It is possilble to use the IP Softphone anywhere on the IP network. Your example can futher be extended to support clients that have VPN access to their home network. So if a user has the ability to VPN from a remote facility to the home office they can fire up the IP Softphone. I have tested this solution with great success.
It is important to note that when using dial up lines you must at least configure the IP Softphone to use the high compression codec so that you do not experience problems.
There isn't any support for the IP Softphone on Linux PC's at this time. I imagine it will be awhile before cisco releases this.
You do not have to ramp up IOS version/ram requirements, or do any special configurations to 25xx access servers to support the IP Softphone. However I would look into QOS measures to improve service when multitasking.
What you say is quite right, once you are dialed in you are on the network and your softphone will work, giving you a telecomuter solution. The thing to watch for is the bandwith, if you are on a call accross a modem there isnt much left, even if you are using compressed audio.On the IOS side you want to set up QOS by giving priotity to packets with Type of Service (TOS) set to 5.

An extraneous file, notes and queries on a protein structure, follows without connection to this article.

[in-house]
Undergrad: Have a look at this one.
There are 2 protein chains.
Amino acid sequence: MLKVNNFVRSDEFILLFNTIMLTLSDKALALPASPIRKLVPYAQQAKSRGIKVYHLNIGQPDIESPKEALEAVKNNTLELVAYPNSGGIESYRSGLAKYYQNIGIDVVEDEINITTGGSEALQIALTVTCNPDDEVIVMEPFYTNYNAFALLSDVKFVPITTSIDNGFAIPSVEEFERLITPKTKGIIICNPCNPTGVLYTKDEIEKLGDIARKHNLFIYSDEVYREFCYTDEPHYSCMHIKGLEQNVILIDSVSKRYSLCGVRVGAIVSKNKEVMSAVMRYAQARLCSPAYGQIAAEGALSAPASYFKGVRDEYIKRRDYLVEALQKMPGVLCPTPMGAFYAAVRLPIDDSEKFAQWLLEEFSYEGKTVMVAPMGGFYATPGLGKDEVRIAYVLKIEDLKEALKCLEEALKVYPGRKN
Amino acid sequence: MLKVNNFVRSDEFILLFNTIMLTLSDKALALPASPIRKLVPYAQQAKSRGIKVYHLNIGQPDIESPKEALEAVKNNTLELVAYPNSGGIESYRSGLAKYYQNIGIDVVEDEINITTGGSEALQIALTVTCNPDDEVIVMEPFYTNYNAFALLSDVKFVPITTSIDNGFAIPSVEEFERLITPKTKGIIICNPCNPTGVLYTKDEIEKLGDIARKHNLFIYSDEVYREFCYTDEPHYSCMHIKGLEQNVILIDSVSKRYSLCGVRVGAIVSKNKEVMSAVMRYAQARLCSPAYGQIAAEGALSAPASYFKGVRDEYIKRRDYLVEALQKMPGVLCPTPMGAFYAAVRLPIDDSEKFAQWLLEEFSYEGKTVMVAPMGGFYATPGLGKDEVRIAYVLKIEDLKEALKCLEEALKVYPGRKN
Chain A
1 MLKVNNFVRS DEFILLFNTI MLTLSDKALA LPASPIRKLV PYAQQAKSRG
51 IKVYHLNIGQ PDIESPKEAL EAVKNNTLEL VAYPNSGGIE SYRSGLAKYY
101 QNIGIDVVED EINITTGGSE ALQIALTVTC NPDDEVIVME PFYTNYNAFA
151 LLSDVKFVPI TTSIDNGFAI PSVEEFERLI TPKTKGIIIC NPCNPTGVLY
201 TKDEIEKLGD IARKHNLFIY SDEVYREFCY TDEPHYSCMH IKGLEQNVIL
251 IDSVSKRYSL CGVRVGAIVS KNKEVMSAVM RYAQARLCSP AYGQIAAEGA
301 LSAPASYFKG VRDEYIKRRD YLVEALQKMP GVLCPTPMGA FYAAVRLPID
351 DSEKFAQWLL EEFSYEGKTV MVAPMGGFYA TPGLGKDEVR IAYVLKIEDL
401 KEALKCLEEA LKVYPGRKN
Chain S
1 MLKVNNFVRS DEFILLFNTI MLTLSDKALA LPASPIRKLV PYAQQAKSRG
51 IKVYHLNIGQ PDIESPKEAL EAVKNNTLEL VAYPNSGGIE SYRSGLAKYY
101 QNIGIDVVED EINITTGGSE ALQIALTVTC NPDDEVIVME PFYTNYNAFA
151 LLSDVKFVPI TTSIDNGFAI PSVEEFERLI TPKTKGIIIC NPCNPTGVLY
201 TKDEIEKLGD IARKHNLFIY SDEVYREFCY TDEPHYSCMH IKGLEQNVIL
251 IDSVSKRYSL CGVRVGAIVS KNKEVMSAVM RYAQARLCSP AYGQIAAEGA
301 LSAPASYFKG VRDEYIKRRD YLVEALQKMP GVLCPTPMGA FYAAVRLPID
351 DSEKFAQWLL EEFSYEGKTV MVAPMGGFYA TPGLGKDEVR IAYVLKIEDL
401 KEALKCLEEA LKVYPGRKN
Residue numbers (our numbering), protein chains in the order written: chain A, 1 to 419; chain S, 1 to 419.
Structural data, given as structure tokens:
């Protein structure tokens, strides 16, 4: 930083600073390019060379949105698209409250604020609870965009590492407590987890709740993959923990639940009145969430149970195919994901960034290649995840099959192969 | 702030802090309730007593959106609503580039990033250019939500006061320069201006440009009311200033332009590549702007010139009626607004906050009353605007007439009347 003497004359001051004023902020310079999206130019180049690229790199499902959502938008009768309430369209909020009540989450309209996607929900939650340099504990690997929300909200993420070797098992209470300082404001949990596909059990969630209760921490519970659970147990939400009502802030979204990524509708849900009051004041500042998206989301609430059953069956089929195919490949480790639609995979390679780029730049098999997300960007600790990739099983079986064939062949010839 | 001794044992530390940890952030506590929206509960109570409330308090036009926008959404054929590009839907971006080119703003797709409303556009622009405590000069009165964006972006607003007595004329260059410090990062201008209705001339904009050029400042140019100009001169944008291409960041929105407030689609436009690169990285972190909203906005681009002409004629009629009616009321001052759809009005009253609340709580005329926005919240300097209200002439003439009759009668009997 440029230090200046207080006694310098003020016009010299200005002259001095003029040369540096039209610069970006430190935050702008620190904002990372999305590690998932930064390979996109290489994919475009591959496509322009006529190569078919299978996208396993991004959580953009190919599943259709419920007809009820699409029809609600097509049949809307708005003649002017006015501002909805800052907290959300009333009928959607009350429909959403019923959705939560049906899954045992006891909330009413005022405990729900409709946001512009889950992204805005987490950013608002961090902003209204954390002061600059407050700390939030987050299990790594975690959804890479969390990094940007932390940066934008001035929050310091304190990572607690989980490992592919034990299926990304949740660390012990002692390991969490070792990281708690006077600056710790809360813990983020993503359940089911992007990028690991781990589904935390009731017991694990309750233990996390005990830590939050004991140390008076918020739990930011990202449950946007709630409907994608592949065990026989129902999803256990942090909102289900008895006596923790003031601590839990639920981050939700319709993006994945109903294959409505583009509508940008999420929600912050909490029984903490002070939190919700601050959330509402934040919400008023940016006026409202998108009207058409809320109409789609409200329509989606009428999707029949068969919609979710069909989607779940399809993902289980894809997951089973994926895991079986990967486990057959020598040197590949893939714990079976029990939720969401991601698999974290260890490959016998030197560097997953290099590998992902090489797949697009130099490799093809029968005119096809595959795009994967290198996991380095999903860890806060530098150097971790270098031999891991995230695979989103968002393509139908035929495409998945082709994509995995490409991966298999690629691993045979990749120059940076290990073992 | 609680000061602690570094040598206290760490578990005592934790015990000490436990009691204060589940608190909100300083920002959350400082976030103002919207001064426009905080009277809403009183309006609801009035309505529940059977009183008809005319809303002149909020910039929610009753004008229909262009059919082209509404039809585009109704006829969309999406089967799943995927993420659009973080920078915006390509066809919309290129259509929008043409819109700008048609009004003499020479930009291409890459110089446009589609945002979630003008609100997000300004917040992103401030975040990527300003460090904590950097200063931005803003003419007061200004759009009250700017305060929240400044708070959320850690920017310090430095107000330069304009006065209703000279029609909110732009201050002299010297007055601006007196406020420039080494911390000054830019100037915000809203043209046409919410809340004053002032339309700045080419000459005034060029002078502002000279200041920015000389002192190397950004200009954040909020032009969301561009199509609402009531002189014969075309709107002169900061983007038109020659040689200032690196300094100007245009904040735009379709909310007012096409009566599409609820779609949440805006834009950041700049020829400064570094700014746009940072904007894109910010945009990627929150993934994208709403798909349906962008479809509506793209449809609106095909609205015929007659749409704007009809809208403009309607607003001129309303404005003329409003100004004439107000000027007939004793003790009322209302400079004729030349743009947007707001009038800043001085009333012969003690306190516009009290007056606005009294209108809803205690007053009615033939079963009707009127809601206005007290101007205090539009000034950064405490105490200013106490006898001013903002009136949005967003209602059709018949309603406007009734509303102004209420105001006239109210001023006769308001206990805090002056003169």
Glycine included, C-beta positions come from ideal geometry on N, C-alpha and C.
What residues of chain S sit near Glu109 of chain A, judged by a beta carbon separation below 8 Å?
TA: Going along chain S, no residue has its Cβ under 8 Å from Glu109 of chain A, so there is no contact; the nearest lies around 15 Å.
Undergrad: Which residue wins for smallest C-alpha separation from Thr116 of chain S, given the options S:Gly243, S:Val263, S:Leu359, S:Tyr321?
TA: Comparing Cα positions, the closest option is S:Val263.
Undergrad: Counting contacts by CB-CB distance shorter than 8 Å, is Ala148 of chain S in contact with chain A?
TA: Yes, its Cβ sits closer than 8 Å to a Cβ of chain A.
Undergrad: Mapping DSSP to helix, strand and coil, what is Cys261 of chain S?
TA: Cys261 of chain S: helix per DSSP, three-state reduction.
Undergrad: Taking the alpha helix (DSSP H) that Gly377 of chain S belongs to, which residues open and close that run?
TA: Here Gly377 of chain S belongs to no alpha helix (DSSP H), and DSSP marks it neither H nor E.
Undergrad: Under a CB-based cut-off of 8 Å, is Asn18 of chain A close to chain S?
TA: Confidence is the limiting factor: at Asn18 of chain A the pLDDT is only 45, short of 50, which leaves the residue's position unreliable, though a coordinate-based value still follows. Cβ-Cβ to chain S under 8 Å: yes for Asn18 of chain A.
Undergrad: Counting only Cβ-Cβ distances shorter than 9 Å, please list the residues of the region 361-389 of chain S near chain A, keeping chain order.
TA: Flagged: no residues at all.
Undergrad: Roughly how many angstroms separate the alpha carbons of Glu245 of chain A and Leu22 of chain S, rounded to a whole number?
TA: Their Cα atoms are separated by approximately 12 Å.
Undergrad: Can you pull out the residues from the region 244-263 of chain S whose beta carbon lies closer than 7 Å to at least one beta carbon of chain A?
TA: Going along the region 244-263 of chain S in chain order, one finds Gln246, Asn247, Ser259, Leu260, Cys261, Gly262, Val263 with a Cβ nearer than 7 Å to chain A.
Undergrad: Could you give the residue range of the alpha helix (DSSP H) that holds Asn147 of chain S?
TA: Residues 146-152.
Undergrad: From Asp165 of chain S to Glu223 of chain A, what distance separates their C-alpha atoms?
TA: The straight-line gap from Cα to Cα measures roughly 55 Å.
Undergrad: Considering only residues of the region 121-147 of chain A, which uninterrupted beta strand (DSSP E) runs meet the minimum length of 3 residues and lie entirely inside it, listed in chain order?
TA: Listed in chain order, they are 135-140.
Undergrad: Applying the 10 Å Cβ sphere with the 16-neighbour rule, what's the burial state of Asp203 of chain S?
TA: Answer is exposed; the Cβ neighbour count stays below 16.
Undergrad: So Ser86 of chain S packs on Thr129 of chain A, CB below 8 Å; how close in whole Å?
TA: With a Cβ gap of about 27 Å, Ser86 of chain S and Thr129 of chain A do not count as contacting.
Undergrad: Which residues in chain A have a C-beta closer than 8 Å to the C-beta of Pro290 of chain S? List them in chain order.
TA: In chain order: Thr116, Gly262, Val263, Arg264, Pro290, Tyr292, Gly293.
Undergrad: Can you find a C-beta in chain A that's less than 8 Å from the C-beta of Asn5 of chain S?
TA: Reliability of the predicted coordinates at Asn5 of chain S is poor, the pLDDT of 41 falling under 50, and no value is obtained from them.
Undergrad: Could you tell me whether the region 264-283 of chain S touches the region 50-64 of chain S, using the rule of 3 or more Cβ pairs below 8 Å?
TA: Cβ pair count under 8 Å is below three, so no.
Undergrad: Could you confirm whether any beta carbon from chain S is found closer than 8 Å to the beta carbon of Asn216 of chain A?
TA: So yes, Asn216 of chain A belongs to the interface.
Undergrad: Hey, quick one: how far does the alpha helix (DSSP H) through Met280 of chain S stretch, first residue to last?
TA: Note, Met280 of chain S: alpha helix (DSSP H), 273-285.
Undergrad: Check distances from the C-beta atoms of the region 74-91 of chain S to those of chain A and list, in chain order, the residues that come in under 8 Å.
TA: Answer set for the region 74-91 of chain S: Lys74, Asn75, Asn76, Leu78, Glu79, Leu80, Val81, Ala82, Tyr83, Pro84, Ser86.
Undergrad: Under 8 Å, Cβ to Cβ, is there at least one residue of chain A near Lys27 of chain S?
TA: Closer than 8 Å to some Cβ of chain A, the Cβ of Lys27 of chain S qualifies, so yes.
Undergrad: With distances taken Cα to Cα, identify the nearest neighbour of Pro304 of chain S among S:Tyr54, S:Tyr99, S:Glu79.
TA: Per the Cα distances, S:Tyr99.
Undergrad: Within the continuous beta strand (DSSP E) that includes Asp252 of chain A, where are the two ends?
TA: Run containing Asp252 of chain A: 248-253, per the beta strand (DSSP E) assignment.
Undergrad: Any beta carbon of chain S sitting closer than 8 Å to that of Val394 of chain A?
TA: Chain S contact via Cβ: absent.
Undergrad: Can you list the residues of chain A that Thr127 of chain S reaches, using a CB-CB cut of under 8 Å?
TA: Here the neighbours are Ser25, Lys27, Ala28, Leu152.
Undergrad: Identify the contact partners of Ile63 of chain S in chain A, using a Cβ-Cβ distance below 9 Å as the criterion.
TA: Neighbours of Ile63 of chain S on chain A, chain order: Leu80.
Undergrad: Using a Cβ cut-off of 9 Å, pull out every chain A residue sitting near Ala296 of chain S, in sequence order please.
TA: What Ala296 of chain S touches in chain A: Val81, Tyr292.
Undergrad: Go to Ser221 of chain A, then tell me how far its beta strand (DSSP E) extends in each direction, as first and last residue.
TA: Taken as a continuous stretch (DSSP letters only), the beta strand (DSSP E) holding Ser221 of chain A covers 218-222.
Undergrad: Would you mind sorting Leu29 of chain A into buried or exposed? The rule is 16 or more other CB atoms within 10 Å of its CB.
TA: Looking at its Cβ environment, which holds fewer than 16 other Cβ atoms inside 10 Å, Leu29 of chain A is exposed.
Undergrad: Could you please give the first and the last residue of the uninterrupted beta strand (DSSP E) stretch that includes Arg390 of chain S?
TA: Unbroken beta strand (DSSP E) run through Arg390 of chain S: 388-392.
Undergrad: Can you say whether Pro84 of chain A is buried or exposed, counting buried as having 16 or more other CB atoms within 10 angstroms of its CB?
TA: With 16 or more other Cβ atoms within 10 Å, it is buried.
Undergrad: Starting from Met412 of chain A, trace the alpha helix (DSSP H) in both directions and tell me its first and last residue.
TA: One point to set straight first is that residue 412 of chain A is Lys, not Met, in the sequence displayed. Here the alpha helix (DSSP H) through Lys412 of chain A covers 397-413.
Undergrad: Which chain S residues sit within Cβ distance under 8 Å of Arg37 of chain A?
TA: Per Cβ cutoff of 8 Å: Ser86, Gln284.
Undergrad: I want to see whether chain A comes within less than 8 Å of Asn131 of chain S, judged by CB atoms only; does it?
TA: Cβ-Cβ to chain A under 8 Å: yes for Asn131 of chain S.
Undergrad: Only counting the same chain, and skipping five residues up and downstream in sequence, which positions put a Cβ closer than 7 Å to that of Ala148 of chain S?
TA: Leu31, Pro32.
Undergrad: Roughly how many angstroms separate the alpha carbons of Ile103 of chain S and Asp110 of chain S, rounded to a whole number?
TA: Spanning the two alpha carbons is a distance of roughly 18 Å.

I am curious how to integrate our existing voice mail system to the Cisco IP Telephony network.
We are currently using the Intuity Voice Mail System and a Lucent G3Si switch. It is my understanding from our Lucent rep that we can purchase a SMDI port for our Intuity voice mail system. Assumign we do this, is there any documents from Cisco supporting this type of integration? Are there any issues in which we should be cautious?
Your Lucent rep is quite right. You want to go with analog and SMDI in your Intuity. If you are planning on cutting over from the G3 to Cisco Call Manager then just switching the voicemail from what is is at the moment to analog/SMDI will be easy. If you are planning on running the G3 and the Cisco Call Manager at the same time its a bit trickier, but can still be done. You may need to buy a device that will let you get SMDI out of your Lucent G3. (The device is a PBXLink from Connected Systems). On the Call manager side the only think to watch for is that the SMDI link is hard wired to 1 of the Call Managers in a cluster. If that machine fails the link cannot automatically fail over to a back up Call Manager, some one needs to manually do that. Lucent have a Confiuration Note for this set up, its number 9122.
We are in fact going to have both the G3 system and the CallManager active at the same time. I appriciate your advice. Do you know if I can access the configuration note "9122" via the web?